Rather than paying interest to the bank, I’d rather get paid by the bank.

 

Now, is rent money dead money?

 

*All figures are present value.

[1] This includes the P and I repayments, and the averaged costs of $7,500, broken down into a weekly figure.

[2] The interest payable will reduce over the loan term, however, the $467 will remain constant.

https://www.yourmortgage.com.au/calculators/home-loan-repayment/result/

Any advice in this publication is of a general nature only and has not been tailored to your personal circumstances. Please seek personal advice prior to acting on this information. The information in this document reflects our understanding of existing legislation, proposed legislation, rulings etc as at the date of issue. In some cases the information has been provided to us by third parties. While it is believed the information is accurate and reliable, this is not guaranteed in any way.  Opinions constitute our judgement at the time of issue and are subject to change. Neither, the Licensee or any of the National Australia group of companies, nor their employees or directors give any warranty of accuracy, nor accept any responsibility for errors or omissions in this document. Before making a decision to acquire a financial product, you should obtain and read the Product Disclosure Statement (PDS) relating to that product. Past performance is not a reliable guide to future returns. 

Don’t mention the ‘B’ word…

Lee Nickelson is an Authorised Representative, GWM Adviser Services Limited, Australian Financial Services Licensee

 

To quote Peter Thornhill’s two golden rules of wealth creation:

  1. Spend less than you earn
  2. Borrow less than you can afford ¹

Sounds simple, doesn’t it?!  Hardly!  One of the most common hurdles I encounter with clients is gaining a full understanding of their spending – I estimate only around 25% of clients have a clear idea of where their money is being spent as most people dislike the idea of a budget.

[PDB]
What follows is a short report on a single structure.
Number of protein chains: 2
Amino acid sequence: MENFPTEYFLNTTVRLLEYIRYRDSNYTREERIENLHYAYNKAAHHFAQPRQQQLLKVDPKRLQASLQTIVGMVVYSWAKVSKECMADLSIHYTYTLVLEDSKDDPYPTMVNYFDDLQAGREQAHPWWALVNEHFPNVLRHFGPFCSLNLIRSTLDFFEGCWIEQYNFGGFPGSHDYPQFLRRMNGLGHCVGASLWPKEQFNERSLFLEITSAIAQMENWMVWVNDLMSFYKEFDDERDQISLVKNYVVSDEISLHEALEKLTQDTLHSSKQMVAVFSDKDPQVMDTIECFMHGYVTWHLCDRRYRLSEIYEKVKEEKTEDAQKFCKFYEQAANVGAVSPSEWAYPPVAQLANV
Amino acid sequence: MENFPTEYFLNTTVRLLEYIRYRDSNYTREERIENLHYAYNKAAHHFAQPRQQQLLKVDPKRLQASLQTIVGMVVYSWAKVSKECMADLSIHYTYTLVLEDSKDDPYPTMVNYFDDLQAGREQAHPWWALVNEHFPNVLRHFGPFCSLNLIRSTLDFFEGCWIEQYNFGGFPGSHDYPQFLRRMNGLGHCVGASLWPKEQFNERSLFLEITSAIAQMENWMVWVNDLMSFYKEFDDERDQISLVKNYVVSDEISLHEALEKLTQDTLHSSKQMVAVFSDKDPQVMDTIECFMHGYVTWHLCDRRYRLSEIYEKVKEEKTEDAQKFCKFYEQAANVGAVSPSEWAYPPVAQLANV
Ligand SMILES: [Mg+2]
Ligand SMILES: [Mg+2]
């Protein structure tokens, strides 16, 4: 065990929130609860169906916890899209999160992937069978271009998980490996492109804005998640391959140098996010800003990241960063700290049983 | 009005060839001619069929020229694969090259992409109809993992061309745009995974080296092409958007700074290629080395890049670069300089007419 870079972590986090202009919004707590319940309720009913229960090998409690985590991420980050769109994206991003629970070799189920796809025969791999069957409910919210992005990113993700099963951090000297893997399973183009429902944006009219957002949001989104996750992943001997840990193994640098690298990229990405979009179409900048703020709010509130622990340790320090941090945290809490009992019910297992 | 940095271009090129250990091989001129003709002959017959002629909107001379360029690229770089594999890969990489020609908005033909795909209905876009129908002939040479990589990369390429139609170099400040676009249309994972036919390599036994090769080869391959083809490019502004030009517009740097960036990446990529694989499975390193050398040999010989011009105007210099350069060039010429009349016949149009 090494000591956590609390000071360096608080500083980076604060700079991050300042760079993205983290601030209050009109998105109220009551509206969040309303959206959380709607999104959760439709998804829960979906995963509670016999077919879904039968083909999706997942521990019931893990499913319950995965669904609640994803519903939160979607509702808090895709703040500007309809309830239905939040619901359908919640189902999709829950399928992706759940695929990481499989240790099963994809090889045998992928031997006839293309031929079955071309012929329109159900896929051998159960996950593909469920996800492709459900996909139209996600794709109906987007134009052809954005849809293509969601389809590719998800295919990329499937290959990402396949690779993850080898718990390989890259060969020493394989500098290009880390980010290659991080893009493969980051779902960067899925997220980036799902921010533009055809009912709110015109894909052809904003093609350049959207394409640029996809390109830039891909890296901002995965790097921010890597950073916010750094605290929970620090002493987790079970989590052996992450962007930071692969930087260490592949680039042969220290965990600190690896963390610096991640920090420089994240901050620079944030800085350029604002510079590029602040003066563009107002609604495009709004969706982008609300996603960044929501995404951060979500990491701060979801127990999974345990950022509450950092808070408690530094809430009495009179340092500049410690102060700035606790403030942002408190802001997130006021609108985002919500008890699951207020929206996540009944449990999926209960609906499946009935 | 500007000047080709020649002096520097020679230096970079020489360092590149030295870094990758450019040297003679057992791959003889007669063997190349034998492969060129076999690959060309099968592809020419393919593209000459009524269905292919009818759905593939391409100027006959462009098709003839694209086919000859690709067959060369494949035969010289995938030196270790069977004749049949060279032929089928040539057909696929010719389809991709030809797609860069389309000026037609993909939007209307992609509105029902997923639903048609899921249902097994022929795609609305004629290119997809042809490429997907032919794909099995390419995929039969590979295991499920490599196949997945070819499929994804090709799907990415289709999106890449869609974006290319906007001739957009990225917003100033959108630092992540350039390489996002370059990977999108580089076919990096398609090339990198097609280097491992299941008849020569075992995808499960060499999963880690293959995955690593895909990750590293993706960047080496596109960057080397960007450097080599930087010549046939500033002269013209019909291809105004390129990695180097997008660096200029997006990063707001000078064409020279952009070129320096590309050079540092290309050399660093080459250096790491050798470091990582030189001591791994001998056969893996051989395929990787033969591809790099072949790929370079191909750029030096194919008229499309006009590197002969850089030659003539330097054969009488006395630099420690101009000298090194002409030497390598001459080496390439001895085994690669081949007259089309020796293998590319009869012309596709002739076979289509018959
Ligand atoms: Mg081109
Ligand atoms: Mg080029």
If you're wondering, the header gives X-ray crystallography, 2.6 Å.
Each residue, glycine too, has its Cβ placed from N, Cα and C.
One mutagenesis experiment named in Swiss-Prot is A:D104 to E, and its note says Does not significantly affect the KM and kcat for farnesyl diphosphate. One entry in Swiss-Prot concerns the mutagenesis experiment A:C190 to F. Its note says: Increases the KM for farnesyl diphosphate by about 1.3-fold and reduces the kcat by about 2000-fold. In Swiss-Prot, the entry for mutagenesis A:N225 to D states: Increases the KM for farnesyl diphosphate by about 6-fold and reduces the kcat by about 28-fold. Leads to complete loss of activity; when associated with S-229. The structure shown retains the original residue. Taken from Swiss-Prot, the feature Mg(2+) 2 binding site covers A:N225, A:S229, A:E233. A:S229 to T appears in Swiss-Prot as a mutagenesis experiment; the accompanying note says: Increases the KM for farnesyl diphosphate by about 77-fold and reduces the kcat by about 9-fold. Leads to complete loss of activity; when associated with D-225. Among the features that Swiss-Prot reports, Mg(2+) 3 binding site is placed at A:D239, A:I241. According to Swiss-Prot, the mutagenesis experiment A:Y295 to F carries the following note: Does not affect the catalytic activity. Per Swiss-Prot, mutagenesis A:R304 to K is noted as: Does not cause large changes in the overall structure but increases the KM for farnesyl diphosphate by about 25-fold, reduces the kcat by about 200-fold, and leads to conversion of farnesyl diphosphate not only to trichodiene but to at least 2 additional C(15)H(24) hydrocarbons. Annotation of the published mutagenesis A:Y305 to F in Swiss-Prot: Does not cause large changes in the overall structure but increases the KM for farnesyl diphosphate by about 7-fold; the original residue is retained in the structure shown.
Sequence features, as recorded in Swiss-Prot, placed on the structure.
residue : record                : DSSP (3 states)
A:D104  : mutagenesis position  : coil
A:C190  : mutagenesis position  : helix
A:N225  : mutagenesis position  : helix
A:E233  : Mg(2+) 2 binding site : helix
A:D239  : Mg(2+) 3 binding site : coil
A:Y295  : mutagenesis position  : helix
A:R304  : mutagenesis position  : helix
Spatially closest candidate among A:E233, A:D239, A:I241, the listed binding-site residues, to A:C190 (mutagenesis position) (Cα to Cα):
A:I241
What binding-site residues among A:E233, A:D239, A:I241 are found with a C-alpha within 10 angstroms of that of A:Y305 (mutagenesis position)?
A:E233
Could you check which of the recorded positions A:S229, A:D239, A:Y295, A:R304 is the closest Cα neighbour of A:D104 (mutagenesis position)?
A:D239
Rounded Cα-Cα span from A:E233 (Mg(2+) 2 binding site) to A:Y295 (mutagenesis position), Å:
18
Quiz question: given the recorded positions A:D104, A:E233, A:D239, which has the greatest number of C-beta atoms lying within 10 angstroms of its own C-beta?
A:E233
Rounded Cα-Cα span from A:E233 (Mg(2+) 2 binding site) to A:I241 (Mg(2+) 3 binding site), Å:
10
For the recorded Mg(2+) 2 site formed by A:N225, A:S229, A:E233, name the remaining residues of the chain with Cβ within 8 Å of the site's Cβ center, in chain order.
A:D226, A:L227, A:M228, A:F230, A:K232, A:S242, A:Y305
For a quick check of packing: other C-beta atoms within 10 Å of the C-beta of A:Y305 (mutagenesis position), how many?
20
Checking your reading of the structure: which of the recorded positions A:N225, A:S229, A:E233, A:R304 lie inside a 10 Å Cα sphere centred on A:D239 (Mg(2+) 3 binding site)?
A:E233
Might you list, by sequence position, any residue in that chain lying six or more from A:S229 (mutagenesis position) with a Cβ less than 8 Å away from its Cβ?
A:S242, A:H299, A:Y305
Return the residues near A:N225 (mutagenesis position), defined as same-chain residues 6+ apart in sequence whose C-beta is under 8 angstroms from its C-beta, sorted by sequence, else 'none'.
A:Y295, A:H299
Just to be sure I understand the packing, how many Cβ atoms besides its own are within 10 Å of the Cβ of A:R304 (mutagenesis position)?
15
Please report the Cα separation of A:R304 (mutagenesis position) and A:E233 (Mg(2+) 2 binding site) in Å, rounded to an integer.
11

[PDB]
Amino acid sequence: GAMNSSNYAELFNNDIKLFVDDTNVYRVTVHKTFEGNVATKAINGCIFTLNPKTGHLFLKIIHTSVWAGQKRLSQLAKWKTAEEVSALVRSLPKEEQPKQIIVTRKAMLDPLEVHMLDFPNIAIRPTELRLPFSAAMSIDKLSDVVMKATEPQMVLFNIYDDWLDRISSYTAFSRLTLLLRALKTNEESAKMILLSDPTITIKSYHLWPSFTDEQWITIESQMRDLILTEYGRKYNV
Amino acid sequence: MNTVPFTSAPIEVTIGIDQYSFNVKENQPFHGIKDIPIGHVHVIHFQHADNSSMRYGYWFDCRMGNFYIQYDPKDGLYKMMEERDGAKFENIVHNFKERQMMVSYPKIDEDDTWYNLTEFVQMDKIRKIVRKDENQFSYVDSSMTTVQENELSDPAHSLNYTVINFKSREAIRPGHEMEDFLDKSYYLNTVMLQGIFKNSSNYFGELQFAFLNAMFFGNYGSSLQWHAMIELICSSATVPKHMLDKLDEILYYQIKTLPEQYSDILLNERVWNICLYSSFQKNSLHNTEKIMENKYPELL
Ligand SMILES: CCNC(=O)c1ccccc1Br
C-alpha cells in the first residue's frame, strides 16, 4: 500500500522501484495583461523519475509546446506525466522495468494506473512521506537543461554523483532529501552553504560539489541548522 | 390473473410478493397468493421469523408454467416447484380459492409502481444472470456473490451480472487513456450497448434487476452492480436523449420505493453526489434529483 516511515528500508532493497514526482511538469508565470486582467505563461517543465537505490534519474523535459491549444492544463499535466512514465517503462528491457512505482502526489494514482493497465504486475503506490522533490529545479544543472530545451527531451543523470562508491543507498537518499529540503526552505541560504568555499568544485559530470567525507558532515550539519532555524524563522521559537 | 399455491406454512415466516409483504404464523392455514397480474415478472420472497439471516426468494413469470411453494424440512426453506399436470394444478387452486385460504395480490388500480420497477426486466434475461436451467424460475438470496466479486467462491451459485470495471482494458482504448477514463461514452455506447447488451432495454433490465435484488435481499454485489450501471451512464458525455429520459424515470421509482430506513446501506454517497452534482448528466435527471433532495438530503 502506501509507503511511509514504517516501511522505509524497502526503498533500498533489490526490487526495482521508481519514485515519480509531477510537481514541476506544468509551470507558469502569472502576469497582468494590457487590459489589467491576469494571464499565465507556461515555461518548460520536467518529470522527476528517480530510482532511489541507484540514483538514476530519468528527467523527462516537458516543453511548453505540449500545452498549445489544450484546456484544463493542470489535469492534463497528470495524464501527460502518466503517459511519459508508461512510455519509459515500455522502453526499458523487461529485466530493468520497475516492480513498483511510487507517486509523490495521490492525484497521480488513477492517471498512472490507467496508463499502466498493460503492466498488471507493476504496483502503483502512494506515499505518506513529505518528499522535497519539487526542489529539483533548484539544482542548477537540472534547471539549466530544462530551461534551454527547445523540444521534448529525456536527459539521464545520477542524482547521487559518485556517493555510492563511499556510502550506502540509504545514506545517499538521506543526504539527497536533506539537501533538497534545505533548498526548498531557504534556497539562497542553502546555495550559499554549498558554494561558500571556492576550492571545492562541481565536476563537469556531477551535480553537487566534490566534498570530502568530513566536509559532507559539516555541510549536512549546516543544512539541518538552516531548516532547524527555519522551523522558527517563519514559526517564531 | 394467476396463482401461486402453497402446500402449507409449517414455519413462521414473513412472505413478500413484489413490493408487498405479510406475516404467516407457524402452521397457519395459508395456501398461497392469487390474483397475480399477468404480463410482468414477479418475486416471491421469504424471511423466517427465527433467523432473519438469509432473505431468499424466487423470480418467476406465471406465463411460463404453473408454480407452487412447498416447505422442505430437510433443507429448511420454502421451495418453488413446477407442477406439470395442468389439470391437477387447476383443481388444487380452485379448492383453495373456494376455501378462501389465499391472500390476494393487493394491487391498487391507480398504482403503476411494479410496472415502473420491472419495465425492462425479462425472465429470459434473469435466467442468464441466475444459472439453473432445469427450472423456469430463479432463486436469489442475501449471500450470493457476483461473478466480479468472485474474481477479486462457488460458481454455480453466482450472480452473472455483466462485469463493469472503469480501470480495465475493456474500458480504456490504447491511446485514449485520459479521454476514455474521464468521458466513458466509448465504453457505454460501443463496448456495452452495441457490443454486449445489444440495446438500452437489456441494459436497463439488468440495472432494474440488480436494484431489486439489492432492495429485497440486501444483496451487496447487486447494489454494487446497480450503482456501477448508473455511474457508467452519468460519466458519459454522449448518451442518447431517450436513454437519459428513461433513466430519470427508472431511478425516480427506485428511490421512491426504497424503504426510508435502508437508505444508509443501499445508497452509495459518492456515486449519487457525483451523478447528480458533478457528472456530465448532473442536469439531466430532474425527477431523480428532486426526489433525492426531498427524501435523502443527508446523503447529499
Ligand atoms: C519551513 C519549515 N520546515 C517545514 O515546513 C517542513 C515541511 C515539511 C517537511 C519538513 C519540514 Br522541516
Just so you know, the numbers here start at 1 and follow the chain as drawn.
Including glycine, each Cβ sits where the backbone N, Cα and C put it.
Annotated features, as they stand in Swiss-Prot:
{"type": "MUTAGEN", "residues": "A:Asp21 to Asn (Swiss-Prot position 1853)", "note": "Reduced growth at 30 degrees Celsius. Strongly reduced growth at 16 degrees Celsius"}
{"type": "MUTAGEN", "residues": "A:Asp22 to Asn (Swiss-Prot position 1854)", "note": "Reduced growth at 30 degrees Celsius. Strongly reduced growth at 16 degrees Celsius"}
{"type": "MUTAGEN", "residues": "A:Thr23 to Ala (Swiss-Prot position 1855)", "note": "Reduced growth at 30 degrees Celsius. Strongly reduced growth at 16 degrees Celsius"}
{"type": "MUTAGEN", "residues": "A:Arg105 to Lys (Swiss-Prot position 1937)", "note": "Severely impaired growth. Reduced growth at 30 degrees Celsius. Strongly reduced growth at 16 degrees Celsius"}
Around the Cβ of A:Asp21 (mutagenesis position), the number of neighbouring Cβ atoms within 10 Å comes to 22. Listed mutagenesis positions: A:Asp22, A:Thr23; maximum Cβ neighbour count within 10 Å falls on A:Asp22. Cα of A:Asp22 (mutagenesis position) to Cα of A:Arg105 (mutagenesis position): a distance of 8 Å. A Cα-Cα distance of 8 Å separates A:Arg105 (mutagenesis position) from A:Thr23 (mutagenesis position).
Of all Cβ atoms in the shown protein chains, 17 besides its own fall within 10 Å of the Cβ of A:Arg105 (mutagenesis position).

At a basic level, we have control over 3 facets of our ability to earn and maintain wealth – how long we work for, whether we invest to educate ourselves to increase our earning (income) potential, and…. this is often the hardest to manage… how much we spend.

The benefits of having an idea of expenses in comparison to earnings are clear.  You will gain confidence when future decisions on spending are made (yes, I can afford this holiday), you will be able to prioritise spending more easily (would I rather upgrade the car or pay the mortgage back 3 years faster) and you will avoid buyers’ remorse (geeze I shouldn’t have bought these shoes, I’m worried I can’t afford them).

Where to start?  Best to define the difference between the ‘B’ word (budget) and spending analysis

  • A budget is forward looking – an estimate of expenses over a specific period
  • Spending analysis is rear looking – it involves tracking what you have spent over a specific period

There are any number of budgeting and spending analysis theories, tools and programs online which can then be overwhelming.  I find a great place to start for my clients is to get them to split their spending between Non-negotiable items and Negotiable items.  What appears in each list may change from client to client (i.e. holidays may become negotiable for some, whilst Foxtel to watch the football may be non-negotiable for others).  Once the Non-negotiable items list is complete, we minus this from net earnings.  This leaves the amount of funds left over to cover the spending items under Negotiable column.

This blue print allows the spending analysis to happen – is there enough left to fund the negotiable column?  Is a rethink required regarding negotiable and non-negotiable items?  Can money be saved on any of the line items (i.e. reviewing your Electricity bill / home insurance provider)?  Am I saving enough off my mortgage to repay it before retirement?

This analysis is also the confronting part – am I borrowing from my future to fund the lifestyle I am living today?